Rotating investments from one industry sector to another to try to beat the market sounds like a lot of work. Whether this is a profitable strategy is another question. For investors who lack the skill or the time to do this efficiently, the Claymore/Zacks Sector Rotation
A look 'round the index
Zacks culls 100 candidates for the index from the 1,000 largest U.S. equities and American Depositary Receipts listed on U.S. exchanges. Zacks uses a multifactor selection process to analyze 16 sectors and allocates assets to those offering the greatest risk/return potential using relative value, insider trading, price momentum, earnings growth, earnings estimate revisions, and earnings surprises, as well as quantitative macroeconomic factors.
Index exposure for any one sector can range from zero to 45%, which means it's very important to select the right mix. The fund's top sectors now are finance (38%), energy (2%), and consumer discretionary (20%) -- all below their maximum allocations. Because the Claymore/Zacks Sector Rotation ETF rebalances every quarter, there may be more exposure to a sector at some point in that three months that is more than optimal, based on market changes.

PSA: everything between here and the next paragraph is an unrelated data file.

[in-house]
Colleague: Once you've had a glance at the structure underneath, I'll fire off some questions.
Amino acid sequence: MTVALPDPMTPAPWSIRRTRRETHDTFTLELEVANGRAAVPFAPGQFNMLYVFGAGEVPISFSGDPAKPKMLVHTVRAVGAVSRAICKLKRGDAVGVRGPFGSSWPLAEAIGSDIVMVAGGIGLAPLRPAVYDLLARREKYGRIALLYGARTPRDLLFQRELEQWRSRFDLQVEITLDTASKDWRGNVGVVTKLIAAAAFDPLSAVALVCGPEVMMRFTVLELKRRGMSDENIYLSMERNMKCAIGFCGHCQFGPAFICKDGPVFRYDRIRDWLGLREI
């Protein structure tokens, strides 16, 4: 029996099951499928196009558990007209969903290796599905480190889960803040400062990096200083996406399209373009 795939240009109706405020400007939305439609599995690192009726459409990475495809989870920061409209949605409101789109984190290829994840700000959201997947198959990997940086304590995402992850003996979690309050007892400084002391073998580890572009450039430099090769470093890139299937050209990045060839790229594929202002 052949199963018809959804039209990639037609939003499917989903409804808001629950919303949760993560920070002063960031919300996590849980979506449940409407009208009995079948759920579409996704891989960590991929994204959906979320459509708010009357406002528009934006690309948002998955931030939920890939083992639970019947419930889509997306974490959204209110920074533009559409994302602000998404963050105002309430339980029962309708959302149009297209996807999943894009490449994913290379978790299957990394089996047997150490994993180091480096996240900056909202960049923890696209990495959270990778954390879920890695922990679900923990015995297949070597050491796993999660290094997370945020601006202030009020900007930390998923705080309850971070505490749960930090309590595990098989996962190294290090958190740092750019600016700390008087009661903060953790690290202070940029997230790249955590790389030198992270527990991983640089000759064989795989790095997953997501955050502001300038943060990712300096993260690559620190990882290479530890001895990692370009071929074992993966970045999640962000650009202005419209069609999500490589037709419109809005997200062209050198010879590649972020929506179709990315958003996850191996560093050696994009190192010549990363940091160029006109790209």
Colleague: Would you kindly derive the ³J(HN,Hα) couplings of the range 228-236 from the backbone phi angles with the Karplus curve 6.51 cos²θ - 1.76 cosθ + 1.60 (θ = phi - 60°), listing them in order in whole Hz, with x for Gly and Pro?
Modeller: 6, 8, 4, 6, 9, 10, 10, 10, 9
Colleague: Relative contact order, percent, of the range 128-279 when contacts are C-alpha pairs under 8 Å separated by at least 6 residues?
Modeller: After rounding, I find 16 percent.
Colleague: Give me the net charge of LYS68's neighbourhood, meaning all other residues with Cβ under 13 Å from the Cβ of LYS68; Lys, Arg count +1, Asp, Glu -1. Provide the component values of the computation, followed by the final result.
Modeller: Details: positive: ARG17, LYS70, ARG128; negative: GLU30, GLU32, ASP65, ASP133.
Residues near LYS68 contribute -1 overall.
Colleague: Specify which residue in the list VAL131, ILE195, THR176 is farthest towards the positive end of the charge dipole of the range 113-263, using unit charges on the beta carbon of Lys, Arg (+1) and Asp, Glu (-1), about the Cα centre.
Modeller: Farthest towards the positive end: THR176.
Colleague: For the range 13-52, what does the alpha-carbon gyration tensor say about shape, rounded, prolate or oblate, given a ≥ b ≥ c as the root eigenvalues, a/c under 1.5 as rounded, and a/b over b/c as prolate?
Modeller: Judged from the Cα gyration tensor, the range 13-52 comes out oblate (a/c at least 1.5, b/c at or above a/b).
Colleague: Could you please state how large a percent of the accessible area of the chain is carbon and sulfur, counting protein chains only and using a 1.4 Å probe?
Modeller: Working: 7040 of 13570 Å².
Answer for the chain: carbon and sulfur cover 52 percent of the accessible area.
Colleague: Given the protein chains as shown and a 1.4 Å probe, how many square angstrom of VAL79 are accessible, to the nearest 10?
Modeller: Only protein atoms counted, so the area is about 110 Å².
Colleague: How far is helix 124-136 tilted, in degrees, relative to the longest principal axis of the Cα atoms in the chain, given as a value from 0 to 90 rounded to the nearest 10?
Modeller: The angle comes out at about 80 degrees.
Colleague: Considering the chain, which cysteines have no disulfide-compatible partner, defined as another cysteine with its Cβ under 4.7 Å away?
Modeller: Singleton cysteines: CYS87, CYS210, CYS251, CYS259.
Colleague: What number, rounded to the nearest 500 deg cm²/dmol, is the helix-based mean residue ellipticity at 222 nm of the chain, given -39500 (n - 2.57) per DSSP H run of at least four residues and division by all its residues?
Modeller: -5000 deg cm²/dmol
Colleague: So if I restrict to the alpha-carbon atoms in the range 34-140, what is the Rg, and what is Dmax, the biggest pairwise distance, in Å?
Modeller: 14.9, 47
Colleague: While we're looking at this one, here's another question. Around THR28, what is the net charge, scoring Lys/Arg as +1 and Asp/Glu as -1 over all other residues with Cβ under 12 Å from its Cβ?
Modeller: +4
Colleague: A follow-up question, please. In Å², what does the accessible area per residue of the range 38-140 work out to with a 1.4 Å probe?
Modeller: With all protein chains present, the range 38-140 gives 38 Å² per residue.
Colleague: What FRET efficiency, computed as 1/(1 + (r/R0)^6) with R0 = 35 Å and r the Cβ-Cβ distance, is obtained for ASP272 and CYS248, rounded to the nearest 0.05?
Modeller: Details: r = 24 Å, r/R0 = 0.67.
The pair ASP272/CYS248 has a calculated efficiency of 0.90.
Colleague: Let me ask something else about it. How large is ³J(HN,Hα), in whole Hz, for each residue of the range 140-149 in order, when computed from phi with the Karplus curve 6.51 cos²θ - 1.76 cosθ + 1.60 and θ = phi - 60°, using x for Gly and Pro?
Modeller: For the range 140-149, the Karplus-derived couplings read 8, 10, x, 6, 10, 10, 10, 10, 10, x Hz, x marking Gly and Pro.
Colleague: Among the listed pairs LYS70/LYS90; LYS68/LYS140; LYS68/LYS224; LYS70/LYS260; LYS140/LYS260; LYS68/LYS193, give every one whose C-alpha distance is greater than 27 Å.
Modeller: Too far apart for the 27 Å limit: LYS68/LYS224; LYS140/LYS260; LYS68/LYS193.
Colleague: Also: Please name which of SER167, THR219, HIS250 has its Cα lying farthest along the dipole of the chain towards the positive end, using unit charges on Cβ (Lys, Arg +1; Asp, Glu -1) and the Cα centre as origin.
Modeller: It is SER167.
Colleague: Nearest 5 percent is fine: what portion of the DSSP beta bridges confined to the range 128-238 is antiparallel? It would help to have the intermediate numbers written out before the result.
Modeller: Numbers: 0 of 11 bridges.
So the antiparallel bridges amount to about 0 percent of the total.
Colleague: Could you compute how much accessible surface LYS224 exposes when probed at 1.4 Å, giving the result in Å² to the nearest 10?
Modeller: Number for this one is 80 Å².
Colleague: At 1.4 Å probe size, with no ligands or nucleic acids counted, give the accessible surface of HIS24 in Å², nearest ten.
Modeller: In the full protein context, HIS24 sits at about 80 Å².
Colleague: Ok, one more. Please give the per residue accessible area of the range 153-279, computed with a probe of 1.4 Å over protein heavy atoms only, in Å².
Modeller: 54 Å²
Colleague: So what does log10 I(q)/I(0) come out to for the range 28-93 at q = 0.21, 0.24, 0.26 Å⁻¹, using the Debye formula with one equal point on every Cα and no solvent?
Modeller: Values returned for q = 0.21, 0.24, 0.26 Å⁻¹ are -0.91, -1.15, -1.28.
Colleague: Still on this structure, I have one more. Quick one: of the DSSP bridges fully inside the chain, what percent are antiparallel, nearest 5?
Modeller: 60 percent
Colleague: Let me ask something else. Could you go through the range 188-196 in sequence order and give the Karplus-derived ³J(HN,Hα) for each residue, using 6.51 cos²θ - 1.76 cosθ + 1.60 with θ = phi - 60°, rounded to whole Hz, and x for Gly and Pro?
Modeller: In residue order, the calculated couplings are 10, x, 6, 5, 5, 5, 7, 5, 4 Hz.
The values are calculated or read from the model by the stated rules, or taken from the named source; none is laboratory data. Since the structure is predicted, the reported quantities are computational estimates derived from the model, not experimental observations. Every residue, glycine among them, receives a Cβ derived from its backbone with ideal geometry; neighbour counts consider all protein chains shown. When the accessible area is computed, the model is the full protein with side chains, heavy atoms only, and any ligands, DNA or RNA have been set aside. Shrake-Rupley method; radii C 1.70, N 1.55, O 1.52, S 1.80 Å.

No individual stock will take up more than 5% of the index. The fund's largest holdings include Kohl's
Pros and cons
The fund, like a number of new ETFs and the indexes they follow, doesn't have a long-term track record. Zacks has an excellent reputation, but the index that the fund tracks was created in September of 2006 and has a limited life. There simply is not enough return data for the fund and its index to see how they might perform over a full market cycle, and that's a concern. Bet on the wrong sector and you lose, which is why diversification in this approach is a good thing. To get a sector allocation strategy for a fee of 60 basis points does seem like a pretty reasonable deal. The Claymore/Zacks Sector Rotation ETF has a 17.36% cumulative return since its inception, performing well so far.
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Fool contributor Zoe Van Schyndel lives in Miami and enjoys the sunshine and variety of the Magic City. She does not own any of the funds or securities mentioned in this article. The Motley Fool has a disclosure policy.